Hewlett Packard (HP) may have effectively walked away from its (Palm) webOS platform, but the open source OS is finding a new life on Android hardware.
Indeed, an early build of Open webOS 1.0 was recently spotted running on the Samsung Galaxy Nexus smartphone and now a developer by the name of Steven Troughton-Smith is working on a port of Open webOS for the popular Asus Eee Pad Transformer Prime tablet.
Obviously, both of the above-mentioned devices ship with Google Android as the default operating system.
However, as Liliputing's Brad Linder points out, the OS can be replaced with alternate software on either the handset or tablet - if you unlock the bootloader.
As expected, the build for the Transformer Prime is still in its extreme early stages, with little more than boot and the webOS lock screen enabled. Nevertheless, Troughton-Smith is said to be making fairly rapid progress.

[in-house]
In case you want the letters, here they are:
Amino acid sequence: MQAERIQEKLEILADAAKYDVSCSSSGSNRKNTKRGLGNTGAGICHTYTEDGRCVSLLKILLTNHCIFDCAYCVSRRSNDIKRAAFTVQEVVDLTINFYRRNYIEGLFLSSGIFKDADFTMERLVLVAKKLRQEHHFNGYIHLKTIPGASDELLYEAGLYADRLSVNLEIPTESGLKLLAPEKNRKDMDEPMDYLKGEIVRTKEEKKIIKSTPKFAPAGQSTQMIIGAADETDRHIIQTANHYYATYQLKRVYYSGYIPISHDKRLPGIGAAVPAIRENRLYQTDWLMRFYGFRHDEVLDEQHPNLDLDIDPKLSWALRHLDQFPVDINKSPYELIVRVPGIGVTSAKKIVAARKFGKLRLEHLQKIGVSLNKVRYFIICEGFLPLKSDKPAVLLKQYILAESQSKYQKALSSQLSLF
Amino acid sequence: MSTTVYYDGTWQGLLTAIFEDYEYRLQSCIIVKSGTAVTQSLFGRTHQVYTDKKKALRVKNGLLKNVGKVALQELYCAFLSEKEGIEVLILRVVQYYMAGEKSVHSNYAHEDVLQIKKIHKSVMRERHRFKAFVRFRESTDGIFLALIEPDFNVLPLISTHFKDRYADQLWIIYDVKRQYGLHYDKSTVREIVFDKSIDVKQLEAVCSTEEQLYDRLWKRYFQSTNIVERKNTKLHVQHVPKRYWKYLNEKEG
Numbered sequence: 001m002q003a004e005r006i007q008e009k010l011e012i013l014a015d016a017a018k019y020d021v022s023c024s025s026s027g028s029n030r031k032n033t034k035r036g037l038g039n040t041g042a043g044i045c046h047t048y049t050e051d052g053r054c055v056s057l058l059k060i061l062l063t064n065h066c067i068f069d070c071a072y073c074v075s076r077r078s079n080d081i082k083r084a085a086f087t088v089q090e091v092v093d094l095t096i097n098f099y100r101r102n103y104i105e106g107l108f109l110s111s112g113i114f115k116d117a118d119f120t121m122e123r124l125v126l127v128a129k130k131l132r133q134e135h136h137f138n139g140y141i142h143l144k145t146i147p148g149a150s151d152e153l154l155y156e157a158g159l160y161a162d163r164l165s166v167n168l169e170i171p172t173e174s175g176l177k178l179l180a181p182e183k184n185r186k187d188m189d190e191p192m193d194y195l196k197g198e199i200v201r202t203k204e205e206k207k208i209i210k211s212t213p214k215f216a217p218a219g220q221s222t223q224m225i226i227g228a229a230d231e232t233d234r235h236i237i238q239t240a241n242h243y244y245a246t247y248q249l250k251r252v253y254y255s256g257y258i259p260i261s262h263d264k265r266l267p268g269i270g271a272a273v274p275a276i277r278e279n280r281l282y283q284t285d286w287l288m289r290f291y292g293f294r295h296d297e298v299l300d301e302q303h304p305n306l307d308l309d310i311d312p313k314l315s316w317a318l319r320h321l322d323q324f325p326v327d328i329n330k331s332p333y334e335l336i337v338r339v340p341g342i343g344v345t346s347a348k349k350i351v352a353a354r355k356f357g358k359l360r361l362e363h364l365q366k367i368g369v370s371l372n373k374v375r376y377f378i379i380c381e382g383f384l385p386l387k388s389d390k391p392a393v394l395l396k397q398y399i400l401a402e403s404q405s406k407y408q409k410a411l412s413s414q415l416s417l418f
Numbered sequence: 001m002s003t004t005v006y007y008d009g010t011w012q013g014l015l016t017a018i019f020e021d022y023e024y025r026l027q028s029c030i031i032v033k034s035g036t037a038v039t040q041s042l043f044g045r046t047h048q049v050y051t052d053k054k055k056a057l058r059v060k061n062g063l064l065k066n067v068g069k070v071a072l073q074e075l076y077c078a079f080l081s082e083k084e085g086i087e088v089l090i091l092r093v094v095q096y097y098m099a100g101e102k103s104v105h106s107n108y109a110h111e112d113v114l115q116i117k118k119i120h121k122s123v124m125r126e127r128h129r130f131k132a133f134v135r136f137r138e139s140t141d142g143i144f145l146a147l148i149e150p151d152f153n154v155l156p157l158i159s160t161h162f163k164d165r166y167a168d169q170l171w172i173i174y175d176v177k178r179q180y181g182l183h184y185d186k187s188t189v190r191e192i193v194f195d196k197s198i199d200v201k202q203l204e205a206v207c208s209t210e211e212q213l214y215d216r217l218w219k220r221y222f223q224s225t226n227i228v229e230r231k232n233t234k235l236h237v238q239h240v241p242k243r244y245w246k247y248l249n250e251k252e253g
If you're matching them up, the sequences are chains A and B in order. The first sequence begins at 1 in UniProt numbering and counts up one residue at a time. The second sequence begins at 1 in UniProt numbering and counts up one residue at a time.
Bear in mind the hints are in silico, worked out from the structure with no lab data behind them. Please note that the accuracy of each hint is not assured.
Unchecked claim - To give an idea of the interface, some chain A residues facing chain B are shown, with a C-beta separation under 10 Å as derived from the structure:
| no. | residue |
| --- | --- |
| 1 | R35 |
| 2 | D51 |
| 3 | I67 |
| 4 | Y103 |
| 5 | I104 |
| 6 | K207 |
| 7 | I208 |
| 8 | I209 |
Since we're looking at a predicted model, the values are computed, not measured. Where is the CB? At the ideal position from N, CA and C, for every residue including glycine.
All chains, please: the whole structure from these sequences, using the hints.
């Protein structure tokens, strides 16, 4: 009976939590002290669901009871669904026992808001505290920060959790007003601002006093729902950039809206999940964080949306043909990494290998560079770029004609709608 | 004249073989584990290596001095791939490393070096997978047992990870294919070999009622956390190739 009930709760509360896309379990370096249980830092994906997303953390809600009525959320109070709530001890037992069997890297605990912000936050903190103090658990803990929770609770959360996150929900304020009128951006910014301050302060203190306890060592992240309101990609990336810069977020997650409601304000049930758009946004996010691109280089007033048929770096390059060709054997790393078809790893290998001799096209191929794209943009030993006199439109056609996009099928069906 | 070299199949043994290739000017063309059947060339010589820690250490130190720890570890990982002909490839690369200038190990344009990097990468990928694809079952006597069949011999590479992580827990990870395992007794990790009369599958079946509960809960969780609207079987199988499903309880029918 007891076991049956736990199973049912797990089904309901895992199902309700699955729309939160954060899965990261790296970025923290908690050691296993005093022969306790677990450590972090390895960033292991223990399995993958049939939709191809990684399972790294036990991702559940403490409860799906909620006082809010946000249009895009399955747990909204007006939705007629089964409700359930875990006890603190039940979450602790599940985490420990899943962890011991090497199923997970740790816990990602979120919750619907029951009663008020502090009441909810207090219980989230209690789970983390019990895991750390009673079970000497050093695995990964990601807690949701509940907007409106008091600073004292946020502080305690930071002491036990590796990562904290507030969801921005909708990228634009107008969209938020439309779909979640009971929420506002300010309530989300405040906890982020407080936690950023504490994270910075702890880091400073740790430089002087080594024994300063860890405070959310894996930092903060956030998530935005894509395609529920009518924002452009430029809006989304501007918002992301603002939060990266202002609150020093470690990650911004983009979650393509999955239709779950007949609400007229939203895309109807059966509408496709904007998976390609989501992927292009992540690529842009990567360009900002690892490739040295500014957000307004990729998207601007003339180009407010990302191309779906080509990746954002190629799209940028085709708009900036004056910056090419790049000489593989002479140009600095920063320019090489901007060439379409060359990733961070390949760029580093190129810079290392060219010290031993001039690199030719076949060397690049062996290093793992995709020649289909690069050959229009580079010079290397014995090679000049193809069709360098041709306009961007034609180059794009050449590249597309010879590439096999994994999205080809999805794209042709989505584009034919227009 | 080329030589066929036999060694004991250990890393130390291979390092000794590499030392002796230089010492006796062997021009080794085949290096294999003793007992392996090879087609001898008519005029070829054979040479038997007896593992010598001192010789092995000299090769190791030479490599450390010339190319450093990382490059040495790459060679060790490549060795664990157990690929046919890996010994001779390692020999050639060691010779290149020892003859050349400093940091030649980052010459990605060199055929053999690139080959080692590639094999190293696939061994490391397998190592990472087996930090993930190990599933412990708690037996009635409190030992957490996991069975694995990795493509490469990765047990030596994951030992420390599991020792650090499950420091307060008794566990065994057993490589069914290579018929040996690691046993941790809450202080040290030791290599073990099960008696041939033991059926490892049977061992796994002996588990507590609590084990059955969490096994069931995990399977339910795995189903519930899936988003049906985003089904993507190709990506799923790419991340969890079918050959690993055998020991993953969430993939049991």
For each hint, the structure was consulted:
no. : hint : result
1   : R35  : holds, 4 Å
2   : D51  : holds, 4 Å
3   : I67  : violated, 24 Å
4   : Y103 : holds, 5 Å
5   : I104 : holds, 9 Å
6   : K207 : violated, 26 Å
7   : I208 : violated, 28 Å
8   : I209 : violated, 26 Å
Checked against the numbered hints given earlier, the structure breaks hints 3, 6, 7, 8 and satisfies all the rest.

"It's likely that in the coming months we'll see Open webOS ported to run on even more devices," Linder opined.
"While there aren't as many third party apps available for the platform as there are for Android or iOS, some folks prefer the webOS user interface, development platform, or just the challenge of porting open source hardware to run on various devices."
Meanwhile, Jerdog of XDA Devs noted that the resurrection of webOS on Android tablets and smartphones both epitomizes and actualizes the notion of open source development in the developer community.
"We have software - in this case a mobile OS - that the manufacturer no longer wishes to or is capable of supporting and improving. Then, you have a group of developers who see the potential of said software.
"And after a lot of hard (often thankless) work, we have the makings of another alternative for the mobile community. This is the crux of what makes XDA what it is. We look forward to seeing where this project goes," he added.